Today, an “innocent” link floated by in the Twitter stream. I’m normally a “live and let live, you’re entitled to your opinion” kinda gal, but when my entire industry is bashed, I have to take a stand. It doesn’t matter the original post is from April 2009. Broad brush generalizations about ANY industry serve no one.
This is the post: “Resume Writer Ripoff – Why not buy better drugs? (tips for the job search)” (And yes. I realize I’m driving traffic to a negative post, but sometimes you “gotta do what you gotta do” to circumvent that negativity.)
The site is selective about allowing comments, so rather than wait to see if I pass moderation muster, I’ll post “the other side of the story” on my own blog.
Here’s my response:
Painting the resume writing profession with such a negative broad brush is akin to saying all used-car dealers are crooks, all lawyers are sharks and many of the other ridiculous generalizations permeating our society today.
Yes. Absolutely. There are rip-offs out there — as in any other profession on earth.
To say “this is the general process” casts negative aspirations on those of us who poke and prod and cajole and spend hours ferreting out the career stories that differentiate our clients from the rest of the pack. And offer ongoing support during the process — frequently at no additional fee.
“Well, I believe that an excellent resume writer spends a lot of time talking with you and produces very few resumes.” You’re correct in this assertion. A good writer seldom goes back and forth more than once, maybe twice with a document. I don’t have time to tweak a document 15 times. I do the homework and research up front so by the time I deliver, it’s usually a slam dunk.
This line intrigued me:
“…when pressed on ‘what is your resume writing process” I got a lot of hand-waving. I should have stopped right there, but all these people had told me ‘his resume helped me get a job’, so I went forward.”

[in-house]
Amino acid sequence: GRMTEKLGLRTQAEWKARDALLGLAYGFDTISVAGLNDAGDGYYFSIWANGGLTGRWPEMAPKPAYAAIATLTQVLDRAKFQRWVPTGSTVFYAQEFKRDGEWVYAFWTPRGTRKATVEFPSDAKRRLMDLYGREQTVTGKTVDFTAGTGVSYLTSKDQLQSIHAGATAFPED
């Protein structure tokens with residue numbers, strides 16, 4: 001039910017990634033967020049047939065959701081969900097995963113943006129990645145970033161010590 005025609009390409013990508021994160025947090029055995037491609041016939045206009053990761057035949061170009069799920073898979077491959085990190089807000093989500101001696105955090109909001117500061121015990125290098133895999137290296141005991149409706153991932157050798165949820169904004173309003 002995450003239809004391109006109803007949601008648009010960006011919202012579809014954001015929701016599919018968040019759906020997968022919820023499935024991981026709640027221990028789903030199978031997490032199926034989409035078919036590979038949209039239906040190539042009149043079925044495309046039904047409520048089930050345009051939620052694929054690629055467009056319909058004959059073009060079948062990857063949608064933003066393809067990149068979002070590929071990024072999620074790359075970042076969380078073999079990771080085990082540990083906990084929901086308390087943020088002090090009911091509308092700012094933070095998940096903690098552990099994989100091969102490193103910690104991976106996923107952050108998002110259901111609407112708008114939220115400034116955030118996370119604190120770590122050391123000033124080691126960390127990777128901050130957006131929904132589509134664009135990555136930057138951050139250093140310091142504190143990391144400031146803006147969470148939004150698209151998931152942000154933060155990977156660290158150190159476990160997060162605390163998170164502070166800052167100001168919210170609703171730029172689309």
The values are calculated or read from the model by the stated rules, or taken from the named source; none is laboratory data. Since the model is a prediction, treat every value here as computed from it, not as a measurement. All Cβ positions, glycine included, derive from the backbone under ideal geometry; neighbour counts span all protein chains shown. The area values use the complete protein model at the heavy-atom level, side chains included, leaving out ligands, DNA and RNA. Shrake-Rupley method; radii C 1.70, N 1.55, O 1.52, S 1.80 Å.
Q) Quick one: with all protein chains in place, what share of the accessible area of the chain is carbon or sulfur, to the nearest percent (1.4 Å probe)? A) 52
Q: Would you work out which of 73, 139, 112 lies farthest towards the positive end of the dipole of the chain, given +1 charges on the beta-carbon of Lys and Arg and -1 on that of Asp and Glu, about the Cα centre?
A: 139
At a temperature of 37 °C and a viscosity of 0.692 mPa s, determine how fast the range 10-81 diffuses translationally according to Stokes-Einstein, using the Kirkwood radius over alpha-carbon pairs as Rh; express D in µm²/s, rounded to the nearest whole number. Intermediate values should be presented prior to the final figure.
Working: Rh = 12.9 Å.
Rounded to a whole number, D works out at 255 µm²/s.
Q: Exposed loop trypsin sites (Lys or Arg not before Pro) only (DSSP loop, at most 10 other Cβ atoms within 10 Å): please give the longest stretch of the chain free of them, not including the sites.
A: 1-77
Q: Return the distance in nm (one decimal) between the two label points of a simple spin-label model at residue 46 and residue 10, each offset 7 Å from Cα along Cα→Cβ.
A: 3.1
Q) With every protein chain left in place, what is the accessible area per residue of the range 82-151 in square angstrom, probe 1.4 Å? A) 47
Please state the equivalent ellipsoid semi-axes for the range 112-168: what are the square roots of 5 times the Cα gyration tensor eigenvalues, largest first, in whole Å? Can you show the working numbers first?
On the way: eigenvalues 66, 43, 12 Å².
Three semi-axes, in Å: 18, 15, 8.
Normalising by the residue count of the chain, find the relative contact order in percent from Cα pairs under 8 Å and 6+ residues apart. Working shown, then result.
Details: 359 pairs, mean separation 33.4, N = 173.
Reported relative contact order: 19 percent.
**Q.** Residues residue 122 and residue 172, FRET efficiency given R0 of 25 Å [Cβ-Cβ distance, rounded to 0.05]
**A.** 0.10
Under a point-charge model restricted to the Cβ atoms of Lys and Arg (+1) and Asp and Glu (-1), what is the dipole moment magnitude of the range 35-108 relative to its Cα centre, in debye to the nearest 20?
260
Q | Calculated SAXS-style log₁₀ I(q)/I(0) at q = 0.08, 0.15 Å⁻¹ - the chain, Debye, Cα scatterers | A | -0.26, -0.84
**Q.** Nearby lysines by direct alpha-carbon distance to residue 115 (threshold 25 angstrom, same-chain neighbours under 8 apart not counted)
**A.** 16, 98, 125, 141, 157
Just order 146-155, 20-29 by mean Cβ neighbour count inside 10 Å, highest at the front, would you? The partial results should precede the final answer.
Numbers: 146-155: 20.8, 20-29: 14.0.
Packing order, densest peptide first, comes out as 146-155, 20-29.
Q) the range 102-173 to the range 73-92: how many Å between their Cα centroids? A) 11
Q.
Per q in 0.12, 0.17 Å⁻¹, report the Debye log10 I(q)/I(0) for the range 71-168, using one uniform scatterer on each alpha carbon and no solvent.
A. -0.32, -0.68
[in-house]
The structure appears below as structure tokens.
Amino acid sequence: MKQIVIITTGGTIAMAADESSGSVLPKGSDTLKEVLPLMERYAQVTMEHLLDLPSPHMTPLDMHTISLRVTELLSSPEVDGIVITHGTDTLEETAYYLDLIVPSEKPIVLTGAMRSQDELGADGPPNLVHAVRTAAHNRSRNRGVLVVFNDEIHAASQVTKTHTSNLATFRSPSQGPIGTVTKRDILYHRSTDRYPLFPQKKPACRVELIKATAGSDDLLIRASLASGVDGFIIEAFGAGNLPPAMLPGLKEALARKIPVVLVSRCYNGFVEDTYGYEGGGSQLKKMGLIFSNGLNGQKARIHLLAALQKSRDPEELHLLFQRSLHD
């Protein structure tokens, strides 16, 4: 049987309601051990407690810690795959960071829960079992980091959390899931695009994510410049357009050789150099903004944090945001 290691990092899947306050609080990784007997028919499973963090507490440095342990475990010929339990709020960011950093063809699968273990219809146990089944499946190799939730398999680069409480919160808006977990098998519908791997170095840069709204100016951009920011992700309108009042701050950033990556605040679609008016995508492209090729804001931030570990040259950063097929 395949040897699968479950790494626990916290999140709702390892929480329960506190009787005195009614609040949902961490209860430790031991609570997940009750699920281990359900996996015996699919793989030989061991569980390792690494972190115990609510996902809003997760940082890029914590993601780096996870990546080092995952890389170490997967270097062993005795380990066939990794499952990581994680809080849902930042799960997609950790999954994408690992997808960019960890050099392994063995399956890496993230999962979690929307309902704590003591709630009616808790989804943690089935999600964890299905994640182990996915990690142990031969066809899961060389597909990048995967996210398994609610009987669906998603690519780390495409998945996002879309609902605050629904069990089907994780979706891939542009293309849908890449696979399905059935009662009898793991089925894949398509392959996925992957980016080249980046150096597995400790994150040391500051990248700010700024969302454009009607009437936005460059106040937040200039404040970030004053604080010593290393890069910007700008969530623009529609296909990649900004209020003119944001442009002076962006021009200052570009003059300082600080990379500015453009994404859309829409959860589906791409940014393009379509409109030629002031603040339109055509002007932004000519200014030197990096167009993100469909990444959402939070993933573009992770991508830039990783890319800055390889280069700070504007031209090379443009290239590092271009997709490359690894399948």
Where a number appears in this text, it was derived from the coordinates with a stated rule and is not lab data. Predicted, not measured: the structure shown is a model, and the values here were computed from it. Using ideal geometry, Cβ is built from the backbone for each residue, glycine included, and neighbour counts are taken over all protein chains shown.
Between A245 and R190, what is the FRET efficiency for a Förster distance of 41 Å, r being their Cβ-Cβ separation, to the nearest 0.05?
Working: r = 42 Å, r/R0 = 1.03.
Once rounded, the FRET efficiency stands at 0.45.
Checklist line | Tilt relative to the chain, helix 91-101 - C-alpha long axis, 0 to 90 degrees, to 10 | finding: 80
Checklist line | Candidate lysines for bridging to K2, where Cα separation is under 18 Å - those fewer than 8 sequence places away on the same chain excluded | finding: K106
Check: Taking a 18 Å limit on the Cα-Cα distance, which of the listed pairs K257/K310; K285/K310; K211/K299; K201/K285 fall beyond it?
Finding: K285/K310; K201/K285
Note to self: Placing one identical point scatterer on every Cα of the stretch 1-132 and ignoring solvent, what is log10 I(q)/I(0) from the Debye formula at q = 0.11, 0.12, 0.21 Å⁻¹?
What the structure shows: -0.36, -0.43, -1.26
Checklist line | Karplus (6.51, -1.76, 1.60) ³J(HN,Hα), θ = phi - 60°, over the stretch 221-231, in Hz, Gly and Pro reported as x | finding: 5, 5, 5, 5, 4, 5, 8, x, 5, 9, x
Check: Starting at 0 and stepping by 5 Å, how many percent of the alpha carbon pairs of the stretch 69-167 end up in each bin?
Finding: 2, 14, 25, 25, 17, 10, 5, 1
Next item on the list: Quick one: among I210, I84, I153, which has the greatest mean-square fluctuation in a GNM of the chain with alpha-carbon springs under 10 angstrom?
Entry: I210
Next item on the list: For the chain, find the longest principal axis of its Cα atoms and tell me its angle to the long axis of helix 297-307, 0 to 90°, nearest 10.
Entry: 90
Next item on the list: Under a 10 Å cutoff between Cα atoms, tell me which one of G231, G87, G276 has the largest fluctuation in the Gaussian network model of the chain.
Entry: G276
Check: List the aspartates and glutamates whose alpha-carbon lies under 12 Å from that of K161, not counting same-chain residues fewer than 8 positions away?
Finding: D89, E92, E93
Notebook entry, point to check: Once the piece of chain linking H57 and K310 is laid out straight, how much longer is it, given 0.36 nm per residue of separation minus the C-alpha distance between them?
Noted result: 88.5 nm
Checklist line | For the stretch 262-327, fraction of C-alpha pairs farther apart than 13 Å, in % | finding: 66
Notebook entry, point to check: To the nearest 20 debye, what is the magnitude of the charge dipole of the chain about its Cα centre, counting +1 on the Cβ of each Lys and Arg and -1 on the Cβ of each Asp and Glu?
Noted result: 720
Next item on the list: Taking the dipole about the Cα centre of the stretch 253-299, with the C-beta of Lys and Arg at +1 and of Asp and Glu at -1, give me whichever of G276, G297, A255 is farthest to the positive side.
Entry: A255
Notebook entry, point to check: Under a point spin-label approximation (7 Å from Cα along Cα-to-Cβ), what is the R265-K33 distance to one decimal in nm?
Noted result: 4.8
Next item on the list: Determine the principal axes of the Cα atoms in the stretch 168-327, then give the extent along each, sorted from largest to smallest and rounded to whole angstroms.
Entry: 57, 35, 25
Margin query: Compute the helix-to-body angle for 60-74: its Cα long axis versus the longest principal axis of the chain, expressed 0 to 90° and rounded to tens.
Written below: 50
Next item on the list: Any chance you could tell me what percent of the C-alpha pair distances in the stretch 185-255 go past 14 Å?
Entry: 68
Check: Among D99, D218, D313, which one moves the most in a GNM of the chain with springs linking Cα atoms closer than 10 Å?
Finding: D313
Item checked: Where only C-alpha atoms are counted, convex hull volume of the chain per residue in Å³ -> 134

Personally, I’ve found when I don’t listen to my gut, I usually get burned. Sounds like peer pressure overrode common sense and now an entire industry is being blamed for bad research and decision-making.
I’m not foolish enough to think my CPRW credential gave me mind-reading capabilities. I won’t work with a client that doesn’t understand there is a lot of heavy-lifting and introspection involved in creating effective sales and marketing documents. It’s up to them to provide the career details so I can develop a solid presentation. I also expect them to research their industry so they are aware of what the “buyer is buying” — what the companies are hiring — so the document is focused on easing corporate pain.
As I said, there is “bad” in every profession. But failure to do due-diligence and establish expectations up front is not indicative of a bad industry. It indicates a lazy-job seeker, looking for a panacea without being willing to put forth the effort it takes to find a quality writer that meets their expectations.
Bash the specific provider, if you must, but don’t put true professionals or the entire industry in the same bucket because of a bad decision on the job seekers part.
PS: My dear friend and quadruple-certified resume writing colleague Rosa Vargas started to post a comment a here, but ended up with so much to say on the topic, it turned into a full blown post on her own blog. It’s definitely worth the read. Check it out.